Prime Minister Imran Khan’s sister Aleema Khan was penalised on her undeclared property in Dubai after which she paid half of the total cost to the tax authorities, a local media outlet said Thursday.
According to the report, Aleema paid 25% tax and another 25% fine in terms the total estimated amount as she faced a double penalty for not disclosing around Rs 74 million worth flat Lofts East-1406. The said luxurious flat was located in Dubai, adjacent to the Burj Khalifa, the report added.
The said deal took place in four weeks after negotiations between Aleema’s legal team and officials of the Federal Board of Revenue (FBR) and Federal Investigation Agency (FIA), the report said, adding that PM’s sister is yet to respond to key queries raised pertaining to overseas business dealings through which the property was acquired several years ago.
Aleema Khan, in her affidavit submitted with the FIA, said, “The Lofts East:1460 was paid for from funds generated from my business dealings overseas. Further, I have already disposed of my property and have also informed the FBR about the purchase and sale of the said property.” The affidavit, also available with Geo News, was submitted by her legal team. Chaudhry Z. Ashraf Advocate Lahore was oath commissioner of this document.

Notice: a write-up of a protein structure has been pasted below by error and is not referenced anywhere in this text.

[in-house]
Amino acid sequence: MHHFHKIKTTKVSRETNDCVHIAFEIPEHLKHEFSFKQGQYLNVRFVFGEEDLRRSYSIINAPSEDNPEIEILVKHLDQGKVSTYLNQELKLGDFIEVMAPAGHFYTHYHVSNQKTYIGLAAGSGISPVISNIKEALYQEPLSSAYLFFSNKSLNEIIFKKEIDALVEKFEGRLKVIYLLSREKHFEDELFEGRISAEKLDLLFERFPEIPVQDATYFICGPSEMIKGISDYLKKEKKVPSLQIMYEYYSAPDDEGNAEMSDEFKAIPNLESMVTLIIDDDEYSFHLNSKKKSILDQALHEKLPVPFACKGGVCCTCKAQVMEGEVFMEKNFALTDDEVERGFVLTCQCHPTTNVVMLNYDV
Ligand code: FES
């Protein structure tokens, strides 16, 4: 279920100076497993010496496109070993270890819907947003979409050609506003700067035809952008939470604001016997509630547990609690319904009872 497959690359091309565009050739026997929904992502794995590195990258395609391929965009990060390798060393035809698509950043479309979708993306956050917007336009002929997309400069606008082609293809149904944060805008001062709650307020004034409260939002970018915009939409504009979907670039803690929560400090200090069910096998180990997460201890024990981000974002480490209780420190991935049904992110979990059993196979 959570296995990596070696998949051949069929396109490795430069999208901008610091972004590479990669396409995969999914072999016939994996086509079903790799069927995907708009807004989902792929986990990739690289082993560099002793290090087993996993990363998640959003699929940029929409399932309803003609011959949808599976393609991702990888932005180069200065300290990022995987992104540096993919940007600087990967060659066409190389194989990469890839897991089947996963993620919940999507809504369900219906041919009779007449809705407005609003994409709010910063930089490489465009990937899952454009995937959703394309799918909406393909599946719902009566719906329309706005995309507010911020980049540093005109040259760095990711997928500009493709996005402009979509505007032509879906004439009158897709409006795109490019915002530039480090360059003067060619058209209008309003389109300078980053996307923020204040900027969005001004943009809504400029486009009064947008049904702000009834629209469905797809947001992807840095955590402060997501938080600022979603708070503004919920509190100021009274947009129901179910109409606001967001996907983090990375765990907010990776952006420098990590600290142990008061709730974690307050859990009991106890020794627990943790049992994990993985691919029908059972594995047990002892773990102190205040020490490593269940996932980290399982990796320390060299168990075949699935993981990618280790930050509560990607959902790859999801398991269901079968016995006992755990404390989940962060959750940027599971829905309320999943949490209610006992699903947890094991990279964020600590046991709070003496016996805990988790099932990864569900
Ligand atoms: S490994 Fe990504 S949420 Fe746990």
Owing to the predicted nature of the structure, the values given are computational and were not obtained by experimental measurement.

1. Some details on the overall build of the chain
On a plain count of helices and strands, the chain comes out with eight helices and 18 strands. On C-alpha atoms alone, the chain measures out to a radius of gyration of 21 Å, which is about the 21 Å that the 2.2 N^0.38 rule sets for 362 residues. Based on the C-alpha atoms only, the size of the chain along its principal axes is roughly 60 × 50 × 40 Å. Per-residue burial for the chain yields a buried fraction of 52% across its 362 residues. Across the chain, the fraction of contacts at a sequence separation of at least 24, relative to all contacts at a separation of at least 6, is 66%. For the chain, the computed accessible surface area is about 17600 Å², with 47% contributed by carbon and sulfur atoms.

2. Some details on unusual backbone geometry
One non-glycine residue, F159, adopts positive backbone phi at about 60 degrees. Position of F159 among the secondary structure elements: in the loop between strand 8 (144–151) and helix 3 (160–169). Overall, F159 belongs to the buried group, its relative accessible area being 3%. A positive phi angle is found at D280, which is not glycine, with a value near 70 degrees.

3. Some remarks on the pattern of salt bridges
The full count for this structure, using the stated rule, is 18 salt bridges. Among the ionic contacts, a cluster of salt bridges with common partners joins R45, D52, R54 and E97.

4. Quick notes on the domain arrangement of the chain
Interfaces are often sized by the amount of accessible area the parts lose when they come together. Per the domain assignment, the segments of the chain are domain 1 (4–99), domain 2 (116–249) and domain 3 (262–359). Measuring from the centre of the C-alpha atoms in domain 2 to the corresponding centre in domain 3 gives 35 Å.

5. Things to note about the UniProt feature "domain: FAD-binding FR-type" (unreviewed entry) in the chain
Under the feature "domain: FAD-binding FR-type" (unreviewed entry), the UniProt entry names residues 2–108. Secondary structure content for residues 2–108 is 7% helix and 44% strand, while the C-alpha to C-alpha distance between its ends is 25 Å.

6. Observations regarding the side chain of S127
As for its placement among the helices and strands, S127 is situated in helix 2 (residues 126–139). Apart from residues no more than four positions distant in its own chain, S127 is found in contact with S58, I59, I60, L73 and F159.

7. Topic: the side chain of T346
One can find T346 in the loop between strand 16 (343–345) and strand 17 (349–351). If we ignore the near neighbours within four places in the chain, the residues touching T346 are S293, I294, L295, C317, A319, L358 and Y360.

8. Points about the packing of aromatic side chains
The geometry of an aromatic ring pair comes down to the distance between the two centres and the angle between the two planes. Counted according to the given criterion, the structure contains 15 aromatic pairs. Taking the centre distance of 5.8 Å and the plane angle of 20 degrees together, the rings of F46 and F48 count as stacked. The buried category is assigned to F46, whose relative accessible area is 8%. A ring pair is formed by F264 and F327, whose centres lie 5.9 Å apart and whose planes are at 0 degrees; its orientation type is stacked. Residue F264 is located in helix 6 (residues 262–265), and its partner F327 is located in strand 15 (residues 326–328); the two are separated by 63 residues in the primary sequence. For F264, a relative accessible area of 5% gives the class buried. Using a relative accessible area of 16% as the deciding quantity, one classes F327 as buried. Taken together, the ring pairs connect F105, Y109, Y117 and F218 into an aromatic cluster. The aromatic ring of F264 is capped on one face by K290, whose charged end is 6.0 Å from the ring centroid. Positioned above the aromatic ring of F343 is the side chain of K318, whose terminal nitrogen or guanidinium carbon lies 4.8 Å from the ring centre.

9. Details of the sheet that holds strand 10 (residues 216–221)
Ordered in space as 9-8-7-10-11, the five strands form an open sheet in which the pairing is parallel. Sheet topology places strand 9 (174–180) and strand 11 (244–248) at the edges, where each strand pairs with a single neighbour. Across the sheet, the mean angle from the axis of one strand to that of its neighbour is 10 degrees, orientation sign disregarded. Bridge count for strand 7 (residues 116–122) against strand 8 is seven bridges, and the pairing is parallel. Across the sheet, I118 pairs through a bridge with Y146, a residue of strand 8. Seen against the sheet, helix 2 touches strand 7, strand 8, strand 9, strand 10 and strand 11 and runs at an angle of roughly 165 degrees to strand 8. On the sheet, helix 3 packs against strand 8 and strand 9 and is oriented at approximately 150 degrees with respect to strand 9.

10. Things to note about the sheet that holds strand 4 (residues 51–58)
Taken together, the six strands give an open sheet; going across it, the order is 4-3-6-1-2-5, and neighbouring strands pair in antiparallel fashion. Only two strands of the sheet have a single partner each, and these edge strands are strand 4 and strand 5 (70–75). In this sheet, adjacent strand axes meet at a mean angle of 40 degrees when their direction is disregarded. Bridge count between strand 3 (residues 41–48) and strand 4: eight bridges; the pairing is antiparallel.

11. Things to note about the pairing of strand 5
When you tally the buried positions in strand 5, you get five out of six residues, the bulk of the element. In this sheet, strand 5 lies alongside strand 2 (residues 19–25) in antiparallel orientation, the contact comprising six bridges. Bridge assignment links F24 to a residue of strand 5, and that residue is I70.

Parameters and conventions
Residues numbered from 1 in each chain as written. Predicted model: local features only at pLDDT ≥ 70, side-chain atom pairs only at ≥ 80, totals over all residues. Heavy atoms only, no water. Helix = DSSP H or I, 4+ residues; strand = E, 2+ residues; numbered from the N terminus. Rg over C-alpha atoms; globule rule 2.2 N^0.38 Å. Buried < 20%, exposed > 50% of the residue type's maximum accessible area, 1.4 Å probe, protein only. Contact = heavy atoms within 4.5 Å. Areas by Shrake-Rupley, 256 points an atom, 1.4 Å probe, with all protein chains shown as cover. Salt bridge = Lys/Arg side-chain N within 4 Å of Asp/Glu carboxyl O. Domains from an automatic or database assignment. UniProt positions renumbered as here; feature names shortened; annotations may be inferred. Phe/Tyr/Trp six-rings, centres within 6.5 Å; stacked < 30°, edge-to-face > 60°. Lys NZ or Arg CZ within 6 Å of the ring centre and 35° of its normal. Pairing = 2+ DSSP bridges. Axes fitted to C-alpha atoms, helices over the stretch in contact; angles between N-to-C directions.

The legal team of Aleema Khan informed the office of FIA DG Bashir Ahmed Memon about the successful execution of the process this week.
The list submitted by FIA mentioned Prime Minister Imran Khan’s ‘benami’ property. The agency had told the apex court that the premier’s sister had been sent a notice.
Meanwhile, around 20 other overseas properties’ owners, politically exposed persons in particular, who were put on notice by FBR and FIA also deposited their taxes and fines. However, the FBR officially did not disclose the total volume of the amount deposited by Aleema Khan and other overseas property holders to seal the deal.
Dr Muhammad Iqbal, a spokesperson for the FBR, told the local media outlet, “The record of a taxpayer available with FBR is confidential and we cannot disclose the tax affairs of any taxpayer.”
On October 27, the agency had submitted to the Supreme Court details of 44 close relatives of prominent politicians who owned properties in the UAE.